Ms Lucy Booth (MRC PhD Student)

    Mr Jitesh Chauhan (PhD Student)

    Benjamina Esapa (BBSRC CASE PhD student)

    Yi Liu (PhD Student)

    Ms Alexandra McCraw (MRC iCASE PhD Student)

    Mr Roman Laddach (BRC PhD Student)

    Mr Gabriel Osborn (MRC PhD Student)

    Pablo Romero Clavijo (CRUK PhD Student)

    Zena Willsmore (CRUK Clinical Research Fellow)


    Past Group members:

    Dr Debra H Josephs (Clinical Lecturer, Oncology)

    Dr Chara Stavraka (Clinical Lecturer, Oncology)

    Ms Ricarda Melina Hoffmann (PhD Student)

    Dr Jacobo López-Abente (Postdoctoral Research Associate)

    Ms Mano Nakamura (PhD Student)

    Mr Robert Harris (CRUK PhD Student)

    Dr Heng Sheng Sow (Postdoctoral Research Assistant)

    Dr Silvia Crescioli (Postdoctoral Research Associate)

    Ms Kristina Ilieva (Research Technician, PhD Student P/T)

    Dr Silvia Mele (Postdoctoral Research Associate)

    Dr Giulia Chiaruttini (Postdoctoral Research Assistant)

    Dr Isabel Correa (BRC Senior Research Technician)

    Dr Amy E Gilbert (PhD Student)

    Dr Giulia Pellizzari (Health Schools PhD Student)

    Dr Matthew Fittall (Academic Clinical Fellow, Oncology)

    Dr Louise Saul (Postdoctoral Research Associate, honorary)

    Dr Panagiotis Karagiannis (Clinical Research Associate, honorary)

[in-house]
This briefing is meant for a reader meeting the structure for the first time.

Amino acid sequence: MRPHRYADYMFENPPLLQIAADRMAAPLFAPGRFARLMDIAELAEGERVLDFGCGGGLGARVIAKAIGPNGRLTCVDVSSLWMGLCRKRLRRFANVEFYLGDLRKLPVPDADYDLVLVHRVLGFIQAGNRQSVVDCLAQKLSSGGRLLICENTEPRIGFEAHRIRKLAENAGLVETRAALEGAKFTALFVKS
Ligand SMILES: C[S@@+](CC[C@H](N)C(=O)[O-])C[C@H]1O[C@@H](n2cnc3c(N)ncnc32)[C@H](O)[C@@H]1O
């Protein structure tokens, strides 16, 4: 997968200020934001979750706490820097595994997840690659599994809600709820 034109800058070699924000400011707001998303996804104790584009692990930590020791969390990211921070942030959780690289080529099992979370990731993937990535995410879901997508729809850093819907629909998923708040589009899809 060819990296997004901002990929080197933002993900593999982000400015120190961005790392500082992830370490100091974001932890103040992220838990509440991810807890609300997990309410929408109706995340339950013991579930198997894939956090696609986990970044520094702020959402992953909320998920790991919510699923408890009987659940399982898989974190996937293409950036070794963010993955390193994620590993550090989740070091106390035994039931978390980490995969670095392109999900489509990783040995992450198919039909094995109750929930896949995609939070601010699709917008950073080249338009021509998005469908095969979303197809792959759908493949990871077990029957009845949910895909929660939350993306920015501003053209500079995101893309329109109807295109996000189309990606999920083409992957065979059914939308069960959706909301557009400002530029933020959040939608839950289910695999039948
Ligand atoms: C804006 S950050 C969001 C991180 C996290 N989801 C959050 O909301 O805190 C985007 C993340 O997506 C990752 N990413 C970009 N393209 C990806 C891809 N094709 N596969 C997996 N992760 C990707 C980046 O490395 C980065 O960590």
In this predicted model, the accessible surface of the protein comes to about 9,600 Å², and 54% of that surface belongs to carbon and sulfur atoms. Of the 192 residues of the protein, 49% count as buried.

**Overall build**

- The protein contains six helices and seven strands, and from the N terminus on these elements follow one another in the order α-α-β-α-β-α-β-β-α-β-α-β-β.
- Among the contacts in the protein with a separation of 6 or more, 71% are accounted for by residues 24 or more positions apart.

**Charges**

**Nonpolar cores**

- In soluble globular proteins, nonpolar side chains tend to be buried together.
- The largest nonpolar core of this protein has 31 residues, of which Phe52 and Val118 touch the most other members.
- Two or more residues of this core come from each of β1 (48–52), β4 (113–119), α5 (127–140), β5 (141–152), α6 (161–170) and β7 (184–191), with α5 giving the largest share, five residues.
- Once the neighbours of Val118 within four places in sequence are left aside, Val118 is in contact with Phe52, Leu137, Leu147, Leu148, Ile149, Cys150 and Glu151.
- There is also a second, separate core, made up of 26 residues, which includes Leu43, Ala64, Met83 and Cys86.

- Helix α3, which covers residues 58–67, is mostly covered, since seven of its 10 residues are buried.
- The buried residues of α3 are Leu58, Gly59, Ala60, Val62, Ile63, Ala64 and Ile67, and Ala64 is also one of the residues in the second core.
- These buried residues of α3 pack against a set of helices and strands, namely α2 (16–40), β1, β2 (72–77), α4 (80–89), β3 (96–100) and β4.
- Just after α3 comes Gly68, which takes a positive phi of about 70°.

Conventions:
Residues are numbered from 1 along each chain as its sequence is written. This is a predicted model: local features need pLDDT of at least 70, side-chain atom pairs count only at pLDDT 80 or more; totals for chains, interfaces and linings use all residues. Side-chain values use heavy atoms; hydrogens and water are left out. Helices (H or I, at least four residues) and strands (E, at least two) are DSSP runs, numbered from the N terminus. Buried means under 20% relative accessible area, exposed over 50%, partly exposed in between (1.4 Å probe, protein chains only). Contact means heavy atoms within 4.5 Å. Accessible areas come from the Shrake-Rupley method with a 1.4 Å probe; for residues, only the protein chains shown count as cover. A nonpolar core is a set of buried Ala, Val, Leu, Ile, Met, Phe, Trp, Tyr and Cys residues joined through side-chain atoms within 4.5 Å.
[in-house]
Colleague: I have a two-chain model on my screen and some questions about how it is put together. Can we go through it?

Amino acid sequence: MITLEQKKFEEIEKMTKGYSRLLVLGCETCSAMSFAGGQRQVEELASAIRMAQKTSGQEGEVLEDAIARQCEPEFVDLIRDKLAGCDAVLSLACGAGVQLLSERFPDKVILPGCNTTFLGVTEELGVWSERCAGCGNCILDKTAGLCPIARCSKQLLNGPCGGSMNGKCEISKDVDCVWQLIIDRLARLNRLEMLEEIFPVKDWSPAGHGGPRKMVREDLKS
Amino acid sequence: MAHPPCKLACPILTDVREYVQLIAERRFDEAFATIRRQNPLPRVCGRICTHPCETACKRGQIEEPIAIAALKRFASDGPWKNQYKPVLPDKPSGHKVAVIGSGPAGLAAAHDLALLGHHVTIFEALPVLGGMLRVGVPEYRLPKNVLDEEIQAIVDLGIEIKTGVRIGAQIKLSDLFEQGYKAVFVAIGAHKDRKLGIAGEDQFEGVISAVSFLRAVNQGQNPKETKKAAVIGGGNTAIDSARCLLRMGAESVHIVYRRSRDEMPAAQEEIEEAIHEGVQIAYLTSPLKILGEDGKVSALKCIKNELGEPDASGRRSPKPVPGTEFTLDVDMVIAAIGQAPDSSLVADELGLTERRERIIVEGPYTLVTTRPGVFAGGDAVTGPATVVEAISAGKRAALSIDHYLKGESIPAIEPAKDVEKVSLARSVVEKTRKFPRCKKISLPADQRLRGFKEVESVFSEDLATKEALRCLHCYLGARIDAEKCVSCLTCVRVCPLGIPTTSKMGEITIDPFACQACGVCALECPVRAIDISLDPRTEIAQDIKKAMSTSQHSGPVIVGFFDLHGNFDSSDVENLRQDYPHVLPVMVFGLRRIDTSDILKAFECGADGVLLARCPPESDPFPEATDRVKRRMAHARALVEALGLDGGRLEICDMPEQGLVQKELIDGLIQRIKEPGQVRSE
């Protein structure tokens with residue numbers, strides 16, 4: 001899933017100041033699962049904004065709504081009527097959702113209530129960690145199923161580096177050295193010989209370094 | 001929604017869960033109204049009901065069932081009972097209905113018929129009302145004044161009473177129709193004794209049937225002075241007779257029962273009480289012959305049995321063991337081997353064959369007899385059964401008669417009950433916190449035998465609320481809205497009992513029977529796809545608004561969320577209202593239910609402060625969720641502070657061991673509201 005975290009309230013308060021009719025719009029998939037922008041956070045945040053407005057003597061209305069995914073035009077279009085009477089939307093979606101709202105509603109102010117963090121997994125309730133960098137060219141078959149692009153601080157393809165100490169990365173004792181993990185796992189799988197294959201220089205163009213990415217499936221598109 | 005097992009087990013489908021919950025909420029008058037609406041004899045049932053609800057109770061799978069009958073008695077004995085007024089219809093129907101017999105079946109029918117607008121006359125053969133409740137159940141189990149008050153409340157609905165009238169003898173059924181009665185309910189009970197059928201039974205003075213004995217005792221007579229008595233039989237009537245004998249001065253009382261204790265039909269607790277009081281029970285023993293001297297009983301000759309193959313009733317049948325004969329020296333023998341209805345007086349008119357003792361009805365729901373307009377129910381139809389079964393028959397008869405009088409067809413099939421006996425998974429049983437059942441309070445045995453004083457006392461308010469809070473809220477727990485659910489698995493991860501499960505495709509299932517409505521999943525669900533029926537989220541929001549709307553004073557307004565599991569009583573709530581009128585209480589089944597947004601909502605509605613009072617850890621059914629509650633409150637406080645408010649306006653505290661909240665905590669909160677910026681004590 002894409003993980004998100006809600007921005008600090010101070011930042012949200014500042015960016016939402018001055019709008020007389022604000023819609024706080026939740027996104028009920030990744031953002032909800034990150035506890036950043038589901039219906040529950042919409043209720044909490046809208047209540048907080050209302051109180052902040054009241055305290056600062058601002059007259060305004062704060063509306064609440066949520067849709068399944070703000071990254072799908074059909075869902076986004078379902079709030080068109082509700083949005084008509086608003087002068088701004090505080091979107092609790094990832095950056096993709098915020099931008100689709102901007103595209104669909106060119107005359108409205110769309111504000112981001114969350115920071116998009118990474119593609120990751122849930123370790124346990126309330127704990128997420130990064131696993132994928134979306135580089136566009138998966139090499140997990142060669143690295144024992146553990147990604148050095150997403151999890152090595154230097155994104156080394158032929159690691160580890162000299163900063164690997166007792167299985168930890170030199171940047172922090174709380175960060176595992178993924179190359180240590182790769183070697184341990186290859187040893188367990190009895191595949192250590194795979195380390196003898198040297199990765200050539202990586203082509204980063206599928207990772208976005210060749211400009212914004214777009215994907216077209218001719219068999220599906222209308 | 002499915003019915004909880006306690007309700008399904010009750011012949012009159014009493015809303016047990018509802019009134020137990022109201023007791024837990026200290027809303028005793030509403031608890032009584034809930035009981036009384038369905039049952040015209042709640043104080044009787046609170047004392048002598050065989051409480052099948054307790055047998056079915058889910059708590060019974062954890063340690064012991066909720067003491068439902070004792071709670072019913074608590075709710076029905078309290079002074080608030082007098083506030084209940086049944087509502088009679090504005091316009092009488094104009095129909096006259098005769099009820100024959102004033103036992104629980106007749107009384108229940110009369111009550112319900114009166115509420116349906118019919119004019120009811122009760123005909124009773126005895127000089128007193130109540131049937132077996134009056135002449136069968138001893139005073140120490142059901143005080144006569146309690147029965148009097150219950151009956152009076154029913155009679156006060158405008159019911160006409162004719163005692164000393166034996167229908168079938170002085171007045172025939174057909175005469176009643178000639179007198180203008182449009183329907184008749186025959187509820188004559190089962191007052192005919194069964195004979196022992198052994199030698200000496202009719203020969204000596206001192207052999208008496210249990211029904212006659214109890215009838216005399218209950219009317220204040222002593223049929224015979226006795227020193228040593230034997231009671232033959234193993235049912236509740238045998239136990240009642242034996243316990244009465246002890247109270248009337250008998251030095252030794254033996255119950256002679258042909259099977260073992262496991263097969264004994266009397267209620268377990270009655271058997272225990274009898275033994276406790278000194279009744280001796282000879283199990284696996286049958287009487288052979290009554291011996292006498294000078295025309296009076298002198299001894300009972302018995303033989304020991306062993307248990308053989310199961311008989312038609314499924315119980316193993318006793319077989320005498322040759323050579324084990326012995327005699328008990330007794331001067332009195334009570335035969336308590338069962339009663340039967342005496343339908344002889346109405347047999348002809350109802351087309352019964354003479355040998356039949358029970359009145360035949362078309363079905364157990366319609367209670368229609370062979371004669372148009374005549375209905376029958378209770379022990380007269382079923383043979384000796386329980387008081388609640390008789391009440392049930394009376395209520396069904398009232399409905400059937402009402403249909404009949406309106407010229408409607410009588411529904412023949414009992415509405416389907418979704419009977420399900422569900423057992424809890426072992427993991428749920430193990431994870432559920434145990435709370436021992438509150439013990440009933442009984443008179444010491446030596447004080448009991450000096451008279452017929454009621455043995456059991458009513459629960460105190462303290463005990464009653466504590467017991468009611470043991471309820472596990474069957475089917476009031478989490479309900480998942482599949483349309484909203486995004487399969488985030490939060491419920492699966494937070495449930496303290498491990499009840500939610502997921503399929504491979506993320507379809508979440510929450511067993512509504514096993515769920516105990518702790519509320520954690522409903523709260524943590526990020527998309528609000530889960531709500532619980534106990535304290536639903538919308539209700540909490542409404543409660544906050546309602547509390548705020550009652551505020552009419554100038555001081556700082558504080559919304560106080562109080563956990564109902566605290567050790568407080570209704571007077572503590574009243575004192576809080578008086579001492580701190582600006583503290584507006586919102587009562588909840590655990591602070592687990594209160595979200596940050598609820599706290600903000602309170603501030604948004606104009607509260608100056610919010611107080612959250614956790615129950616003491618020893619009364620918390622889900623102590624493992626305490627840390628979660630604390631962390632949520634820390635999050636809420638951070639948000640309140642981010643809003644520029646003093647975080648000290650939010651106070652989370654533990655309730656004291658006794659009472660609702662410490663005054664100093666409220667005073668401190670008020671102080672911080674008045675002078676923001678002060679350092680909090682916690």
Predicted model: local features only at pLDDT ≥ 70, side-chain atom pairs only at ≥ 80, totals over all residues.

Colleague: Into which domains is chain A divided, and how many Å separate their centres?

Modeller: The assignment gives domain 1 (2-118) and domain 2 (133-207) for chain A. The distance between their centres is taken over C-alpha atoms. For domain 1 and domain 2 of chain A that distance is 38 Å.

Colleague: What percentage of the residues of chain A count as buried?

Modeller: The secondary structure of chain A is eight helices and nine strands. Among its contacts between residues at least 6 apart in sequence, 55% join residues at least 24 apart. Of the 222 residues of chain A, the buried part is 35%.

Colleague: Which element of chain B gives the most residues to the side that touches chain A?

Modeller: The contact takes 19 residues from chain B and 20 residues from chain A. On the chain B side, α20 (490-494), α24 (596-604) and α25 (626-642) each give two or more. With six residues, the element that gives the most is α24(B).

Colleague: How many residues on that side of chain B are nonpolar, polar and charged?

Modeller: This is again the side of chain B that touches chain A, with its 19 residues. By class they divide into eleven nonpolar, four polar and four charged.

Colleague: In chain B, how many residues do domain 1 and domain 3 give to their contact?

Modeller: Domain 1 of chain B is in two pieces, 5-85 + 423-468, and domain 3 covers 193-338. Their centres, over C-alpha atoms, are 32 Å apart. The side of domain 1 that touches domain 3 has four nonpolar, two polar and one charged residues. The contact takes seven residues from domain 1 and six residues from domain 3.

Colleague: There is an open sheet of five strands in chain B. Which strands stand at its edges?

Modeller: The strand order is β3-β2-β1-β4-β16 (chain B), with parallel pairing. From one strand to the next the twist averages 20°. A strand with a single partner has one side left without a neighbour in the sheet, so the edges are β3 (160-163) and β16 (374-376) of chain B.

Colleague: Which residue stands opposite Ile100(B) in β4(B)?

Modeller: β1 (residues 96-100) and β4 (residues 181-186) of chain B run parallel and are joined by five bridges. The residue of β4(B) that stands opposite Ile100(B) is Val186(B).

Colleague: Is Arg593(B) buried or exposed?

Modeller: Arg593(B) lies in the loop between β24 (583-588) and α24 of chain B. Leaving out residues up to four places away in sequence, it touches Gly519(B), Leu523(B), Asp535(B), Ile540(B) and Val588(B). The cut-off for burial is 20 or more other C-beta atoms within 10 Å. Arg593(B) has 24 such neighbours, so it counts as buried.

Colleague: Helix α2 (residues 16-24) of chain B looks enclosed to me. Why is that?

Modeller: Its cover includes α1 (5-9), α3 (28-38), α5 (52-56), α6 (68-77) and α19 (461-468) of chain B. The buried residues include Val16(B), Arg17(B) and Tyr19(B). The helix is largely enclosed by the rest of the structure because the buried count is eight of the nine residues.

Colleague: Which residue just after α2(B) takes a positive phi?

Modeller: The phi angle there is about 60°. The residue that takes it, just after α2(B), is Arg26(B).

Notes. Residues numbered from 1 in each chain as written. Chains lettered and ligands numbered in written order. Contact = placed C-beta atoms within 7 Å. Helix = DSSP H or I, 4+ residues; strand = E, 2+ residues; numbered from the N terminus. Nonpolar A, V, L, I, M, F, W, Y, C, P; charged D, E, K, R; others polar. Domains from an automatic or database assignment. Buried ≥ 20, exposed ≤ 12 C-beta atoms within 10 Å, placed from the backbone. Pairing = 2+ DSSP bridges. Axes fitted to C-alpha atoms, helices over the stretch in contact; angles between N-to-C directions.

Ms Helen Cambrook (Research Assistant)

    Biographical details

    Translational cancer immunologist specialising in antibody therapies for melanoma, ovarian and breast carcinomas. Gained BA and MS degrees at Rutgers University, USA, having received scholarship awards and a teaching assistantship (1987, 1991). PhD was awarded at King’s College London in Biochemistry under SERC and SmithKline Beecham-funded scholarships (1995). Subsequently developed immunotherapeutic strategies for cancer and inflammatory diseases in academic and biotechnology environments in London and Cambridge as a postdoctoral associate and scientific investigator and formed research group as a NIHR/BRC Senior Research Fellow in 2007. The Karagiannis team is presently focused on dissecting humoral immunity in cancer and elucidating tumour-targeting and immune effector activating mechanisms of IgE and IgG antibodies.

    Co-founded and co-chairs the International Task Force on AllergoOncology and has pioneered IgE therapeutics for solid tumours. Her research and development initiative on the first IgE class antibody for cancer therapy is conducted in close collaboration with clinical and academic groups at King's College London and the CR-UK Drug Development Office.

    Expertise related to UN Sustainable Development Goals

    In 2015, UN member states agreed to 17 global Sustainable Development Goals (SDGs) to end poverty, protect the planet and ensure prosperity for all. This person’s work contributes towards the following SDG(s):

    • SDG 3 - Good Health and Well-being

    Education/Academic qualification

    Biochemistry, B cell and Antibody Immunology, Doctor of Philosophy, The process of endocytosis of CD23, King's College London

    Award Date: 1 Aug 1995

    Biochemistry, Master of Science, Selective chemical modification of Aequorea green-fluorescent protein, Rutgers University

    Award Date: 1 Jun 1991

    Biochemistry, Bachelor of Arts, Rutgers University

    Award Date: 1 May 1987